But I eventually settled in and watched Kyle ride away from us, getting smaller and smaller. Given his nice result at the TT a few weeks ago I figured he might have a chance to stay away. And stay away he did for a few minutes, but once we took a turn and got the nice tailwind we started gaining on him and swallowed him up. Nice try though!

One interesting thing about being on the front was how challenging it can be to get off the front! In a training ride or most other rides you just swing off when you're ready to rest. But when pedaling into a headwind with 52 people on your wheel, and nobody wants to work, swinging off may not be enough to shake them.

Apparently if the pack is comfortable with your pace they'll just swing with you and stay on your wheel. Once I swung off, thinking I was safely out of the way, and slowed down only to hear a bunch of people yelling "slowing!" behind me.. ooops, well at least I didn't hit the brakes or anything.. a learning experience though.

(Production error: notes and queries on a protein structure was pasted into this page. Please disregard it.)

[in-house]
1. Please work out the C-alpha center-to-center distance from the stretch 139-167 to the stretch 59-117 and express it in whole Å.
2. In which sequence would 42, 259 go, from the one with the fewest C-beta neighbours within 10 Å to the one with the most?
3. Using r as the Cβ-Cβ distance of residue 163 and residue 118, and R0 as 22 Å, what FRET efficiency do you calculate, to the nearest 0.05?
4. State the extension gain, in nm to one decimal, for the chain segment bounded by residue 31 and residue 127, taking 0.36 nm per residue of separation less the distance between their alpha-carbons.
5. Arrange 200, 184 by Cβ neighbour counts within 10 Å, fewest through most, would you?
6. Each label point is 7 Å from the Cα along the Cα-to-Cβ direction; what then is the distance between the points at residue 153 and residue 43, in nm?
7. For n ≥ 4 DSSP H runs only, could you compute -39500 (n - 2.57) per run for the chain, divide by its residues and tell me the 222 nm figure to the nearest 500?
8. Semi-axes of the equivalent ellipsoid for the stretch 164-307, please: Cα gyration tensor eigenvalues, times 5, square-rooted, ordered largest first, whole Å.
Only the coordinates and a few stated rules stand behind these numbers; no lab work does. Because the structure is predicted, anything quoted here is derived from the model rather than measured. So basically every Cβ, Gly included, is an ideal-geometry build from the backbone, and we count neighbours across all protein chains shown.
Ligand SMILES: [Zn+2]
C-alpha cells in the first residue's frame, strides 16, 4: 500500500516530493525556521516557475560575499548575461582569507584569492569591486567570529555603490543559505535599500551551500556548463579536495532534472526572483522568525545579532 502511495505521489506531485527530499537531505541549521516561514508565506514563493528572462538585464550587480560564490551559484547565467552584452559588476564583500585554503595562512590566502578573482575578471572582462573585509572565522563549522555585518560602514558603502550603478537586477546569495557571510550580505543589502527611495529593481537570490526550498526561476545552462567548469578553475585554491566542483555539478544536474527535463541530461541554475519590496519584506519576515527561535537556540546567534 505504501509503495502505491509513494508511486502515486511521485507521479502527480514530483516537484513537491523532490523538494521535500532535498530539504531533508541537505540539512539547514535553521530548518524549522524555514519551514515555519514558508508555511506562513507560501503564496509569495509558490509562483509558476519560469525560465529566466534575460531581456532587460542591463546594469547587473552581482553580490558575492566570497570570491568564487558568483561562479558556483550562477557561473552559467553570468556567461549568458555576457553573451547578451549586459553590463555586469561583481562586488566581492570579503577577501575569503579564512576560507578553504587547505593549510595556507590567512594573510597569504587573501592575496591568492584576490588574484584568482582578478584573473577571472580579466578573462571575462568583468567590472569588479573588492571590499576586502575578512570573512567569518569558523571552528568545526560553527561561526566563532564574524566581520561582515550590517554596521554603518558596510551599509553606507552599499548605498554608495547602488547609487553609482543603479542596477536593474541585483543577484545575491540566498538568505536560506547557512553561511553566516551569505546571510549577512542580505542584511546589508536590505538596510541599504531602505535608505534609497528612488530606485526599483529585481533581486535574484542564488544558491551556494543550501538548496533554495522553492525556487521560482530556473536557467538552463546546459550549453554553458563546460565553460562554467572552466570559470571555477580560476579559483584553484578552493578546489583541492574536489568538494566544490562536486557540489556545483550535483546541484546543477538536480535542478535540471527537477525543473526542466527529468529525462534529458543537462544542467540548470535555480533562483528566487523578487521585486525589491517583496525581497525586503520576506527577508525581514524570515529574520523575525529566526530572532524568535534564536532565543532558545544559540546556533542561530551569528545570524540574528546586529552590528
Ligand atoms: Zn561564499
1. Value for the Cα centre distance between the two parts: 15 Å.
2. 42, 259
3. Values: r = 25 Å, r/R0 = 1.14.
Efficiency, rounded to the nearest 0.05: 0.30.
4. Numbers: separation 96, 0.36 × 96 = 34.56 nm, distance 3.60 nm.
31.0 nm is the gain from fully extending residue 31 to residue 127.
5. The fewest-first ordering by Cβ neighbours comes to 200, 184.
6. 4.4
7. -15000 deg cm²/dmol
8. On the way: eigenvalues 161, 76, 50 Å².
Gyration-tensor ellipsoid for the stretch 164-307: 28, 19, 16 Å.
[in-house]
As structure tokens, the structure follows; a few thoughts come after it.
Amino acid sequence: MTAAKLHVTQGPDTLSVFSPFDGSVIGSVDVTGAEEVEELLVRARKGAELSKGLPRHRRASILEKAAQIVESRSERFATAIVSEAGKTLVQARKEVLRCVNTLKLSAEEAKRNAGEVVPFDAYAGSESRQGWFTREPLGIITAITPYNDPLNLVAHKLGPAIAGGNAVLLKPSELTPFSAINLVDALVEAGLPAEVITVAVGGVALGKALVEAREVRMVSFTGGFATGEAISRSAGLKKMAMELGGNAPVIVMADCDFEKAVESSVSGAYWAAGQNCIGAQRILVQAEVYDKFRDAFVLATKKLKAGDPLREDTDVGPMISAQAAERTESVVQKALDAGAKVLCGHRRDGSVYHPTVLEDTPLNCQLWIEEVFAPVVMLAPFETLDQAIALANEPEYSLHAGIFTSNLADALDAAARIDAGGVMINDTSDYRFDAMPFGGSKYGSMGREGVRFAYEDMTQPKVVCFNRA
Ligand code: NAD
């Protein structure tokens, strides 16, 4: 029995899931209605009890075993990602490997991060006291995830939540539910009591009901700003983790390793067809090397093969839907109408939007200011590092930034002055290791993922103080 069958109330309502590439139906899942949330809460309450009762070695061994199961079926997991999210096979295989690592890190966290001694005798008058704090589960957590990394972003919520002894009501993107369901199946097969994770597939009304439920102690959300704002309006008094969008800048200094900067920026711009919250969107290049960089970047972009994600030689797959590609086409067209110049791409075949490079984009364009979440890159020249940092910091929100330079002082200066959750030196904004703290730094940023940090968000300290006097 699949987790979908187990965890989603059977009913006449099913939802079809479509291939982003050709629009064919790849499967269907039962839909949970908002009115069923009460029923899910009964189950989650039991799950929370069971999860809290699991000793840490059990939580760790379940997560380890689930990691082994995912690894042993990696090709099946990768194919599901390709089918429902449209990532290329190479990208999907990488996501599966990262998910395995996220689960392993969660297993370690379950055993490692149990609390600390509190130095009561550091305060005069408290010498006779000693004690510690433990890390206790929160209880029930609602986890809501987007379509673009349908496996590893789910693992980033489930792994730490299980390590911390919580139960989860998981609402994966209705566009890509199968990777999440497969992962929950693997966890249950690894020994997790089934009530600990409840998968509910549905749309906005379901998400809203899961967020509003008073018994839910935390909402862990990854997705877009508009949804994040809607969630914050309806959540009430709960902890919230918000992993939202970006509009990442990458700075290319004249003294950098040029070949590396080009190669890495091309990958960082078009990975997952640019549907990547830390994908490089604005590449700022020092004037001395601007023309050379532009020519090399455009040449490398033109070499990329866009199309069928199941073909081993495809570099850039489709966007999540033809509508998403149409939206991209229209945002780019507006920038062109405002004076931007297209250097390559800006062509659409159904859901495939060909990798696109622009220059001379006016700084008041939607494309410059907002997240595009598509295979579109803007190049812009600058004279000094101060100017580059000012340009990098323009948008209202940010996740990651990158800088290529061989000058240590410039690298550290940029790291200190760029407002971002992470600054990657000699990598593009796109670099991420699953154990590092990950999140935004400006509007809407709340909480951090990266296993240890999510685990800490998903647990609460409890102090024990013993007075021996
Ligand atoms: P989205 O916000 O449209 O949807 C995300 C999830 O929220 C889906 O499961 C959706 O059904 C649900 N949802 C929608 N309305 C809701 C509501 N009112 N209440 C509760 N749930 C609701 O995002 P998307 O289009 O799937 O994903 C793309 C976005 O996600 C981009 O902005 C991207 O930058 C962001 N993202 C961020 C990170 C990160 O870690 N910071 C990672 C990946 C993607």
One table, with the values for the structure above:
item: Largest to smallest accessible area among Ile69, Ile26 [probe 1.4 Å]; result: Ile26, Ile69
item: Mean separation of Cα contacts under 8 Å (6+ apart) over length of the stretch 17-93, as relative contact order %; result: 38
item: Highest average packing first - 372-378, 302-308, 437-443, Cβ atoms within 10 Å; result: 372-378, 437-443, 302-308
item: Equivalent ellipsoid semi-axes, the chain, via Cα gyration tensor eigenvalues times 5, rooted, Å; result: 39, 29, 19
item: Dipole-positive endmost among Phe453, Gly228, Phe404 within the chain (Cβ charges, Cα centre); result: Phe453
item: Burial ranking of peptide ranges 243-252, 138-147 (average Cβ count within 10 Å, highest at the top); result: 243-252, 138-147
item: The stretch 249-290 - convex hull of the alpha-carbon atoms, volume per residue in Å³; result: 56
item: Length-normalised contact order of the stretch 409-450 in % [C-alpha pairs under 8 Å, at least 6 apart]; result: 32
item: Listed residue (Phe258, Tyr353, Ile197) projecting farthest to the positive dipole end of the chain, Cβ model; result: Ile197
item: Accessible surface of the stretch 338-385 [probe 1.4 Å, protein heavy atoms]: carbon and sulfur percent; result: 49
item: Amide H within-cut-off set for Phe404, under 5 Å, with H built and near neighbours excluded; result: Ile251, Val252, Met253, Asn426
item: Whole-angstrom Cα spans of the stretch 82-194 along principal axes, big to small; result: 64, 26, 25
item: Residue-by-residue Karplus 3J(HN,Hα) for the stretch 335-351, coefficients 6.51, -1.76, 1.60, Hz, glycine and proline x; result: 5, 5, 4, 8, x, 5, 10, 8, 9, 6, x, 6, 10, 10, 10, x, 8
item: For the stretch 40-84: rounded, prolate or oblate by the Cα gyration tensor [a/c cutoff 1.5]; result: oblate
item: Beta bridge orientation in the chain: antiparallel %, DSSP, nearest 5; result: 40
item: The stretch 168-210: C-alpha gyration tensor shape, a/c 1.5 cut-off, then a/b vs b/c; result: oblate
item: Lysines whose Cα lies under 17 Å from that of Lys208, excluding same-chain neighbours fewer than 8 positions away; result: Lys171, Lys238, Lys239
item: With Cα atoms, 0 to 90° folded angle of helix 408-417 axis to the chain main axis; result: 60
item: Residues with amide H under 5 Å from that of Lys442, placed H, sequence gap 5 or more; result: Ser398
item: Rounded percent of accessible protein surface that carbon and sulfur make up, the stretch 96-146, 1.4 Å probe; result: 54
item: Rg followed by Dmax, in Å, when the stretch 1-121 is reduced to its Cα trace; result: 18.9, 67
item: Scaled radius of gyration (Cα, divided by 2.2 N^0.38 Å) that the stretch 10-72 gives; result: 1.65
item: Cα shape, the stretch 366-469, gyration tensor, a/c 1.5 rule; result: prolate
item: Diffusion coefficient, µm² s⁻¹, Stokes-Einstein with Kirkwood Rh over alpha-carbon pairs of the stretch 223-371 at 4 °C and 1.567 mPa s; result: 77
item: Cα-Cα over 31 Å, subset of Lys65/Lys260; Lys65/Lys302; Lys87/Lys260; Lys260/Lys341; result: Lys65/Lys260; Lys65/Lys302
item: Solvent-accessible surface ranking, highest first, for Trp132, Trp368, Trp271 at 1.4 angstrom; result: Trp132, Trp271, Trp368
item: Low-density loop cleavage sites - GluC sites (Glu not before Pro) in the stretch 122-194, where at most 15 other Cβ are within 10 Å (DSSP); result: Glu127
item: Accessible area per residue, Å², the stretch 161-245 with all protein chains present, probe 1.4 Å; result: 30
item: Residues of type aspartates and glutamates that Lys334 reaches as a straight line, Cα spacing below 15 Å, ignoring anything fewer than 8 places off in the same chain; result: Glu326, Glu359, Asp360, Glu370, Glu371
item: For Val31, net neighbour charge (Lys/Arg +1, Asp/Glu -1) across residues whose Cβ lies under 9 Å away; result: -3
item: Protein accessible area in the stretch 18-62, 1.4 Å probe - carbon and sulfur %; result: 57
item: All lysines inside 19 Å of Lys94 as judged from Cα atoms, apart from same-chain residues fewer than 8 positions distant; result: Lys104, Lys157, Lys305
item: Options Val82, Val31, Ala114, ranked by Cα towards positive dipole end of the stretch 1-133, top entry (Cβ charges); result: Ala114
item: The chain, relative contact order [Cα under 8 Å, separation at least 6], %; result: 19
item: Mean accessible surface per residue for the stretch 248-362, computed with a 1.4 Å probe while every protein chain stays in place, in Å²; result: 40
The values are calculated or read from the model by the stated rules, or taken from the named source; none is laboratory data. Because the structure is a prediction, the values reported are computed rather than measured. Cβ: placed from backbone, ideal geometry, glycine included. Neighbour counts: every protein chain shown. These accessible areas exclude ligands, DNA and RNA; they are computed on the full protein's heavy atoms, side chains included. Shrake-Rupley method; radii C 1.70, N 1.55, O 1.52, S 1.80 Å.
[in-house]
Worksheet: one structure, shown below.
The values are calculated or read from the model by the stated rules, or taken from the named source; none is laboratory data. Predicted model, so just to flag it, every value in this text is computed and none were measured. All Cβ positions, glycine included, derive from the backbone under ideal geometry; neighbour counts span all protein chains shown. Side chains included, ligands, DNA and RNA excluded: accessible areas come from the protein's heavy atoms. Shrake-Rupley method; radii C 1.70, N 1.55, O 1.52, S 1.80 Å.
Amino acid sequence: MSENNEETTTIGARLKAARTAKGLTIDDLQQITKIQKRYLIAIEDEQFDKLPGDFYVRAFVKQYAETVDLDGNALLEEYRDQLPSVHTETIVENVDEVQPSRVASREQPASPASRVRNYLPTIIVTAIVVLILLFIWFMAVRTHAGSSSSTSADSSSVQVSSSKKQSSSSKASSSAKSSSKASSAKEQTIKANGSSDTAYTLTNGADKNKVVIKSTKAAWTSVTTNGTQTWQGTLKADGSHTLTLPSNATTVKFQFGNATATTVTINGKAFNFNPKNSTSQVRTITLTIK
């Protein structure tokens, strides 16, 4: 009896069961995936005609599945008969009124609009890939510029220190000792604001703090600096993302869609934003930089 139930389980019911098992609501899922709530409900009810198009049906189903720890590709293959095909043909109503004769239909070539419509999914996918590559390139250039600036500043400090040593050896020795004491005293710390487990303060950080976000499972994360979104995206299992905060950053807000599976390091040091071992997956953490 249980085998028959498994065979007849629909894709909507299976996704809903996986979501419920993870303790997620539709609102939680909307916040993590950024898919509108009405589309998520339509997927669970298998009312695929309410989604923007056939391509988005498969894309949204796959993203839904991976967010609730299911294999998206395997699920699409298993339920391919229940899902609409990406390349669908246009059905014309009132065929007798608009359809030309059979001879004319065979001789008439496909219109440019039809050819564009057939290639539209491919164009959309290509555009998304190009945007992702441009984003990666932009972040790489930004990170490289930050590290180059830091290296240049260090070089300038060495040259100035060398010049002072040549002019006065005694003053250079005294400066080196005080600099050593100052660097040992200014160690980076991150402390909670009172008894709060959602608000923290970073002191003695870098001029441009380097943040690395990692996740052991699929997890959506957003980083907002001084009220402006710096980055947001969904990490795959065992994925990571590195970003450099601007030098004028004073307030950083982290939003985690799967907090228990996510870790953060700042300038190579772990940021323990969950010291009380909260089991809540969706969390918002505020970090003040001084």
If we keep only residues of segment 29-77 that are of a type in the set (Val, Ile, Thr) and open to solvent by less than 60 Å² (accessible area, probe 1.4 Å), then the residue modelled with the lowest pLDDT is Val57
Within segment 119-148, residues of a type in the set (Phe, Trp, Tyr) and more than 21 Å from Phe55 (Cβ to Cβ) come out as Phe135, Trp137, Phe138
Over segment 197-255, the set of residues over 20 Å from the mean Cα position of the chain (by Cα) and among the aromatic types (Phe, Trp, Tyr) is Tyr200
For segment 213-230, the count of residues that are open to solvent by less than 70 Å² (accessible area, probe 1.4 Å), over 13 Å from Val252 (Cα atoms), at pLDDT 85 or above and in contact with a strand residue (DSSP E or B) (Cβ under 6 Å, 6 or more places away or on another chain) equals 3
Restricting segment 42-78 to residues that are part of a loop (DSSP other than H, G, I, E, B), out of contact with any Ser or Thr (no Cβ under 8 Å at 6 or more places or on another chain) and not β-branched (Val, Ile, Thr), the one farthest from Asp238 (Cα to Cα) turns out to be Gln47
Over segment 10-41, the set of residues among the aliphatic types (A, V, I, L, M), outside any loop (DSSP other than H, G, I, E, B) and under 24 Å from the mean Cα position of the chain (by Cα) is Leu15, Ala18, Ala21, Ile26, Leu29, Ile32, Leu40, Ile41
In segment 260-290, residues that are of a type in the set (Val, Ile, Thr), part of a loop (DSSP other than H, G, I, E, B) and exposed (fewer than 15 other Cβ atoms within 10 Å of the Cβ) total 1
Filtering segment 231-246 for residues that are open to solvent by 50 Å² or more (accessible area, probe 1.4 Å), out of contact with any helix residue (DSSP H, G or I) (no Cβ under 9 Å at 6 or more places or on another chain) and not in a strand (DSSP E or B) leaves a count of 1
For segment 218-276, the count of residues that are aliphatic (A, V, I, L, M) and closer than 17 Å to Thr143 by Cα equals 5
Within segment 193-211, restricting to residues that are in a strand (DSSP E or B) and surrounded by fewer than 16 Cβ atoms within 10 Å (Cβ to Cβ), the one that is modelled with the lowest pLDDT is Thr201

To 'break the elastic' I just sprinted off the front for about 10 seconds, and then sat up. Then the pack came around and I was able to get in 10th wheel, just where I wanted to be in order to rest but not be too far back. (But it sounds like next time I should just be more patient, and the pack will come around eventually)

Last Lap!

The last lap comes and we're all antsy, and the pace picks up. One rider took off somewhere in the last 5 miles or so, and I figured it was "too early" and the pack just let him go. So many times I've seen people go off the front only to be reeled back a minute later - hell it's been me a few times.. though this guy is holding a nice pace, and gaining ground on us.

Breaking Away?